A Thought – On Humility

Robert Fludd, Utriusque cosmi maioris scilicet...

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Let me state this upfront. Humility is not weakness, not a weakling standing by the corner..almost apologetic about being there.

Humility is not mock graciousness either.

It is understanding grown so fine and acute that it is aware of what all could have gone wrong, of all that was not known, of all the contributions others have made and above all awareness of the role chance plays in events.

Be it physical characteristics or traits acquired over a life time. Each of these did not happen by our choice. This physical self I was born with was obviously not the outcome of my decision. What I choose to acquire over a life time too, was not my choice.

I don’t mean to say I did not get to choose anything ever. If the thing I chose had not entered my field of consciousness I would not have been aware of its existence and hence would not have known to choose it.

This machinery of life is like an infinite roulette machine. What we end up getting is governed by forces that we don’t understand or know. In spite of the hypothesis about gravitation, mind and consciousness we are still tinkering with a system for which we have no user manual.

Given the precariousness of this setup it would be quite presumptuous for anybody to claim entire credit for the outcome of their actions.

Humility understands this complexity. And knows that the same opportunity may, and will most certainly, be bettered and offered to the next person we look down upon.

Humility is the state of being grateful for the opportunity to be who we are.

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The Contradiction of Belonging

Social systems exist by the willingness of the participants to ‘play’ the game.

Each one is a social system, with an entry criteria and takes ongoing effort to retain. Each of these, apart from the brief privileges it confers does not fundamentally change us.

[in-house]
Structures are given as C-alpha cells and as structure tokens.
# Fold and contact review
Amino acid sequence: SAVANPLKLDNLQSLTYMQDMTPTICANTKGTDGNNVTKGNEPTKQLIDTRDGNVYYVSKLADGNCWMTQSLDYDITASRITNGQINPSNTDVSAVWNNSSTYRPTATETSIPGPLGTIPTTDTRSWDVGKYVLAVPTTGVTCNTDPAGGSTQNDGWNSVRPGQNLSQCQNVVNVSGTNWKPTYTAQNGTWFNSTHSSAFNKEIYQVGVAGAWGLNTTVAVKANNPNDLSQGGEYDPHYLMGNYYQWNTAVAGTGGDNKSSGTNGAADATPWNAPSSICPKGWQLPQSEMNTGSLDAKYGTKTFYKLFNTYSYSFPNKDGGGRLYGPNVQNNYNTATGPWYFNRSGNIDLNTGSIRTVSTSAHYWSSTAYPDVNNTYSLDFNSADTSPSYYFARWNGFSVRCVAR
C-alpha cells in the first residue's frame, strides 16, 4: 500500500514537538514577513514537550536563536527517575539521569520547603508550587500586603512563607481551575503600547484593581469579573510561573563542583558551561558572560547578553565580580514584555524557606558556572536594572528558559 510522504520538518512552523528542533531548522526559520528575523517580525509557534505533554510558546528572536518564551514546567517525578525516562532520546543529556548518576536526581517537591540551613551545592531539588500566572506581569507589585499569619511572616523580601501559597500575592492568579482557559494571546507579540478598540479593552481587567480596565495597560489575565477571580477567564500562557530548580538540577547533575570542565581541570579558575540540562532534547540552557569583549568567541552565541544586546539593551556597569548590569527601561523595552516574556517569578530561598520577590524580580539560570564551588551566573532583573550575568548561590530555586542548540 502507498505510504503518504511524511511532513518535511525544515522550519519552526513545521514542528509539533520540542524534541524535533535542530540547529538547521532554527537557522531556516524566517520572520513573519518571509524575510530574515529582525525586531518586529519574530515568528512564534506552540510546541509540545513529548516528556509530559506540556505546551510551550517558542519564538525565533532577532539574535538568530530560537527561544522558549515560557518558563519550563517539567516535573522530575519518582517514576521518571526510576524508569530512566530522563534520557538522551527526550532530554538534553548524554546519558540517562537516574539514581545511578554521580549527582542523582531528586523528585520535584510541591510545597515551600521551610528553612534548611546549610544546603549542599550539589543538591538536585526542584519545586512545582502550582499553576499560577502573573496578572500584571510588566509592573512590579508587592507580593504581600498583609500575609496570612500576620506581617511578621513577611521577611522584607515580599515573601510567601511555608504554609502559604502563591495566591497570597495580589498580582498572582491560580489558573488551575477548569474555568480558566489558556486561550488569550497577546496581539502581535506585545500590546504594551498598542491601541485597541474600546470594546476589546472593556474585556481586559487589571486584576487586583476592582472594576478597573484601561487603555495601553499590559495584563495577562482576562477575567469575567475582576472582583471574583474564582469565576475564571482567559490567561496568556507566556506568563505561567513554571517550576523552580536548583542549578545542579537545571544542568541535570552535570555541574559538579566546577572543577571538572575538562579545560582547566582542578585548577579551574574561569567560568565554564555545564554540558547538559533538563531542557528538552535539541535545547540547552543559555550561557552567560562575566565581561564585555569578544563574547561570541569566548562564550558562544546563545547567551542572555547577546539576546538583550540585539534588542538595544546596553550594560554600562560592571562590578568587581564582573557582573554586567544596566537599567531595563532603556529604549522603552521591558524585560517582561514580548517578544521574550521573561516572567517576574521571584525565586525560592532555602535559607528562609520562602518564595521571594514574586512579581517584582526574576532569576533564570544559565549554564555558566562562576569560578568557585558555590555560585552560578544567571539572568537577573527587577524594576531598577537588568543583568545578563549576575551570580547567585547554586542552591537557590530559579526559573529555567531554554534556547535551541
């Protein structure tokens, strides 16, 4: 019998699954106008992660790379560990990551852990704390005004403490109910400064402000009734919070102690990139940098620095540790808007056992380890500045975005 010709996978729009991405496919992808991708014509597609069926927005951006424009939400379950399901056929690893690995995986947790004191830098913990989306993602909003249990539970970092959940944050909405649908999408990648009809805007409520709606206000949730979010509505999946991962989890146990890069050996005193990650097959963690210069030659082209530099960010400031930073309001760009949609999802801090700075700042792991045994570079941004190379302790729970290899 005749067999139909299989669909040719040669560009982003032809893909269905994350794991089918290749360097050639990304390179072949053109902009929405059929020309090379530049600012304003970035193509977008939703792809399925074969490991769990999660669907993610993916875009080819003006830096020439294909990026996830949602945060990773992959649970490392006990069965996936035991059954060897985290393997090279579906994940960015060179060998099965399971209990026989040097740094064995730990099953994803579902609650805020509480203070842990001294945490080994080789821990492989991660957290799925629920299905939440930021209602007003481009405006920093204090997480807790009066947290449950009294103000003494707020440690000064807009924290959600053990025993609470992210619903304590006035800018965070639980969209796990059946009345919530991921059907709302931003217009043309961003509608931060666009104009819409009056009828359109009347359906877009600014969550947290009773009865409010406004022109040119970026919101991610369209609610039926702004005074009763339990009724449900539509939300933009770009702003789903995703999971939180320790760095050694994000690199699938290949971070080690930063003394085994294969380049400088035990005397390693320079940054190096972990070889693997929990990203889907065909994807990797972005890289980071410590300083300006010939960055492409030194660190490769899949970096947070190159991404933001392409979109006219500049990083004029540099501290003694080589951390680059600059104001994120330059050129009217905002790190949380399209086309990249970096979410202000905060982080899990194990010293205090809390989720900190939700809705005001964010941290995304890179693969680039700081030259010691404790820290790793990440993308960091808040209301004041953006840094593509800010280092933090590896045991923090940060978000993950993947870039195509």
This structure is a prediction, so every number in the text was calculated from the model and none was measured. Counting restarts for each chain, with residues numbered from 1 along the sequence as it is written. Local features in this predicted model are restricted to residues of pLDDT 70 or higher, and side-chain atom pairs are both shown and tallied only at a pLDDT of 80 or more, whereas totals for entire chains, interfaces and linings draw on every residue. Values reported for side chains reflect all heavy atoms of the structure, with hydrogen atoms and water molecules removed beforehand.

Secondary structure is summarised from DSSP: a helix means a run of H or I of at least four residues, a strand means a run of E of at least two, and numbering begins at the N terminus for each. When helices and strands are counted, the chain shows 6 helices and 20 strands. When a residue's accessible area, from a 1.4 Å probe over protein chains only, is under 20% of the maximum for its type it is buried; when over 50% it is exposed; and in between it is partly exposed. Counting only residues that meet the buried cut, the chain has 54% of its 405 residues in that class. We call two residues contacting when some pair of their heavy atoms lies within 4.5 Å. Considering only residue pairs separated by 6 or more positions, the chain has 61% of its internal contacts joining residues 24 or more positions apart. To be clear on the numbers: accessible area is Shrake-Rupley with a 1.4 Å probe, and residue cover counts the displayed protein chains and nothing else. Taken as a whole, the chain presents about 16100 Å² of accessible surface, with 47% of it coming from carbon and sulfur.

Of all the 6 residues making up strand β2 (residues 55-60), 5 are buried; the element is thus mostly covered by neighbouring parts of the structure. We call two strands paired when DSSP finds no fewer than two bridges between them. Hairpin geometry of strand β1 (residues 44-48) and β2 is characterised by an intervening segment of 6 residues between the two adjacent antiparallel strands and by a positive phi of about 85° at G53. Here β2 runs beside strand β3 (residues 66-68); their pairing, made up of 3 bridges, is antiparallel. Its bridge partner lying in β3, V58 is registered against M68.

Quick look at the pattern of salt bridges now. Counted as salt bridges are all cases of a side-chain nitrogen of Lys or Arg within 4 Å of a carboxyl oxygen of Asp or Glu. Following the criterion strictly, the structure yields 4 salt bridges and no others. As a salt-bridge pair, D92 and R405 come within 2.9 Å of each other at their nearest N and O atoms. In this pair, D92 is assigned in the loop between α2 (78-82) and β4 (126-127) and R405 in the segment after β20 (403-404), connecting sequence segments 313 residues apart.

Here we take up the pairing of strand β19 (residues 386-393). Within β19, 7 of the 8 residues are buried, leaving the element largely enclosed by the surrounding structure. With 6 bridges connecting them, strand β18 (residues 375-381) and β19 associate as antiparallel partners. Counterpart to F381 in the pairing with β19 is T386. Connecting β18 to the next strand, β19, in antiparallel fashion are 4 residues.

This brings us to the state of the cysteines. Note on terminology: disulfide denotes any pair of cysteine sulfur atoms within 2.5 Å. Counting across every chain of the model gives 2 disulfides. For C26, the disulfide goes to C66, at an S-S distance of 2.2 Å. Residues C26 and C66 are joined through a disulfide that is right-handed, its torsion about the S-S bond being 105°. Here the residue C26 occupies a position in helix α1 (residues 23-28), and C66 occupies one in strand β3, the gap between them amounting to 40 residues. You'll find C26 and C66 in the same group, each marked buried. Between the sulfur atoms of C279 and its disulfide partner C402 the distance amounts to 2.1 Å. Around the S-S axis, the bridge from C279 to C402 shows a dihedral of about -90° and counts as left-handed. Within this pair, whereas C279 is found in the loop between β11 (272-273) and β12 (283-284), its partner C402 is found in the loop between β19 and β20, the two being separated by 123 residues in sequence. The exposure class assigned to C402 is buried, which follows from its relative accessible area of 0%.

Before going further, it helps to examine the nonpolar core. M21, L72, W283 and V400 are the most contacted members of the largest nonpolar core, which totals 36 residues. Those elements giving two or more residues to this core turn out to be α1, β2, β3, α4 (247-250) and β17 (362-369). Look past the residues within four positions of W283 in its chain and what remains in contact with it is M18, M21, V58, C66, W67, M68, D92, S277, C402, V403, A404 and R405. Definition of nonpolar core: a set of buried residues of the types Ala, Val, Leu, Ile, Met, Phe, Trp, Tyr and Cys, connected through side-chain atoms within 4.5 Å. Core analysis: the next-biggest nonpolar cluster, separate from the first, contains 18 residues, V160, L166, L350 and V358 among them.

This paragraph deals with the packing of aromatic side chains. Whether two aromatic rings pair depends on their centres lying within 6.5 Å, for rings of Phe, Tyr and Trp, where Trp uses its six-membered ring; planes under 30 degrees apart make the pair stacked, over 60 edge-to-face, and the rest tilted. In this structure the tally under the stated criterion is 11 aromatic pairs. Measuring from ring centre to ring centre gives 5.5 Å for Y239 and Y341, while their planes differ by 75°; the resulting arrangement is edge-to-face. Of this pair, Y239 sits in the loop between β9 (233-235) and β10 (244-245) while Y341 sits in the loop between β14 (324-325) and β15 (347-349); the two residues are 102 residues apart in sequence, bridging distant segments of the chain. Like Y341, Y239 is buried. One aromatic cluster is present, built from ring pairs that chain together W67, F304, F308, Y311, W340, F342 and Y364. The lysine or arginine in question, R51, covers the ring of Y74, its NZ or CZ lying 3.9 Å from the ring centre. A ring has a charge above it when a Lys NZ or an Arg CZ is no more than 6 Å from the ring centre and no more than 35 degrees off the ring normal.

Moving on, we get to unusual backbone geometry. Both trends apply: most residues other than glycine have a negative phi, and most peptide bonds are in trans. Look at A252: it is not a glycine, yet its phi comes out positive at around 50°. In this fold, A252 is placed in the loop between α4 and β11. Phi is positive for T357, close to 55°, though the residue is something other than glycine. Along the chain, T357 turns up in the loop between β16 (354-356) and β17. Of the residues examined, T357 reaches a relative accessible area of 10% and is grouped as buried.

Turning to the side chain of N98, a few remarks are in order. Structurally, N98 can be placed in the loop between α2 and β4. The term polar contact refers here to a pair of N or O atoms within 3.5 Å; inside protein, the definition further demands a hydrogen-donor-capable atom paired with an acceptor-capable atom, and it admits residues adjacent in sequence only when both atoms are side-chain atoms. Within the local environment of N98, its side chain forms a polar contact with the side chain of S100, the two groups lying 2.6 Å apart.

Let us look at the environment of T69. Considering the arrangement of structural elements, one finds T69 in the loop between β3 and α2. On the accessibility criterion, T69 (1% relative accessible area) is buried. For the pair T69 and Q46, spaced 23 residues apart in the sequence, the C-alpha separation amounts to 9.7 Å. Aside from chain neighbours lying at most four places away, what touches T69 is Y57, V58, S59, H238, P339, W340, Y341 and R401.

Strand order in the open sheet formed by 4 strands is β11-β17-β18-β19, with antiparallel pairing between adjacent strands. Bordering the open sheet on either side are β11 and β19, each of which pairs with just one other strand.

Each is like a tacked on habit. Habit as in the garment one wears. Something that is acquired, something that is not us, something that is superficial. This is a common behavioral pattern in most human beings.

Each of us by definition sees oneself as unique, irreplaceable. Refuse to be treated like a mere number, subject to distribution curves and power laws.

At the other end of the scale is the tendency to stand out from the crowd. To not belong. To stay away from the cobwebs of habit, to not yield to the fancies of the crowd. This is by definition an individualistic trend.

The Sannyasi in his unwillingness to be defined by the system, seems a sinister figure. Far away from our fragilities, with none of our human compulsions, save the most basic..and even that to a minimum.

Both these extremes seem illusions.

Herein, I believe, is the contradiction. We seem to want both the worlds. To remain unique, yet have that uniqueness validated and displayed amongst others like us, and more prominently displayed against those who do not possess what we do.

So we invent a club with a waiting list of 10years to apply for membership. An elite school to which we are willing to pay ‘donation’ to let our offspring in. An Ivy League college where we wish to be educated.

We believe our destinies, if there is one at all, is not in statistics but in the stars, or even in the ether that escapes and stands far above our mortal understanding. And yet subscribe to the taxonomies that society chooses to organize itself into groups.

The point of all this? Well, this blog has been included in AllTop, the Yoga section. 🙂

AllTop is pitched as an ‘Online Magazine Rack’. The user experience is really elegant, almost like a real-world magazine rack.

The best part is the human validated choice of content, grouped by categories. Not as in a very formal classification scheme, but more folksonomy like identification scheme / faceting mechanism. Highly recommend a look, if you have not seen it before.

And boy, does it feel good to be touched by a single strand of the Kawasaki brush.

Religion is Dead, Long Live Religion

Religion as a system of living is dead.

What remains is only ritual, some archaic pictorial descriptions and a strained existence with a society that wants answers now.

Promises of nubile maidens, an unstrained existence, of honey and wine amidst Mediterranean climes, harps and precious little actual work to do don’t hold water anymore.

Instead of religion being the equalizer and opener of minds and doors, now it is money that plays religion’s role.

Money is the disinfectant for all notional ideas, the grand flattener of various mental terrains. Religion, social structures, moral values, caste & creed and every damned ism vanishes with money.

Religion is nothing but a few spiritual best practices that helped the individual connect with their higher goal . A set of best practices that have worked for a few and been codified into systems.

Let us not get into what the goal itself is. Each race and time seems to have its own definition of it.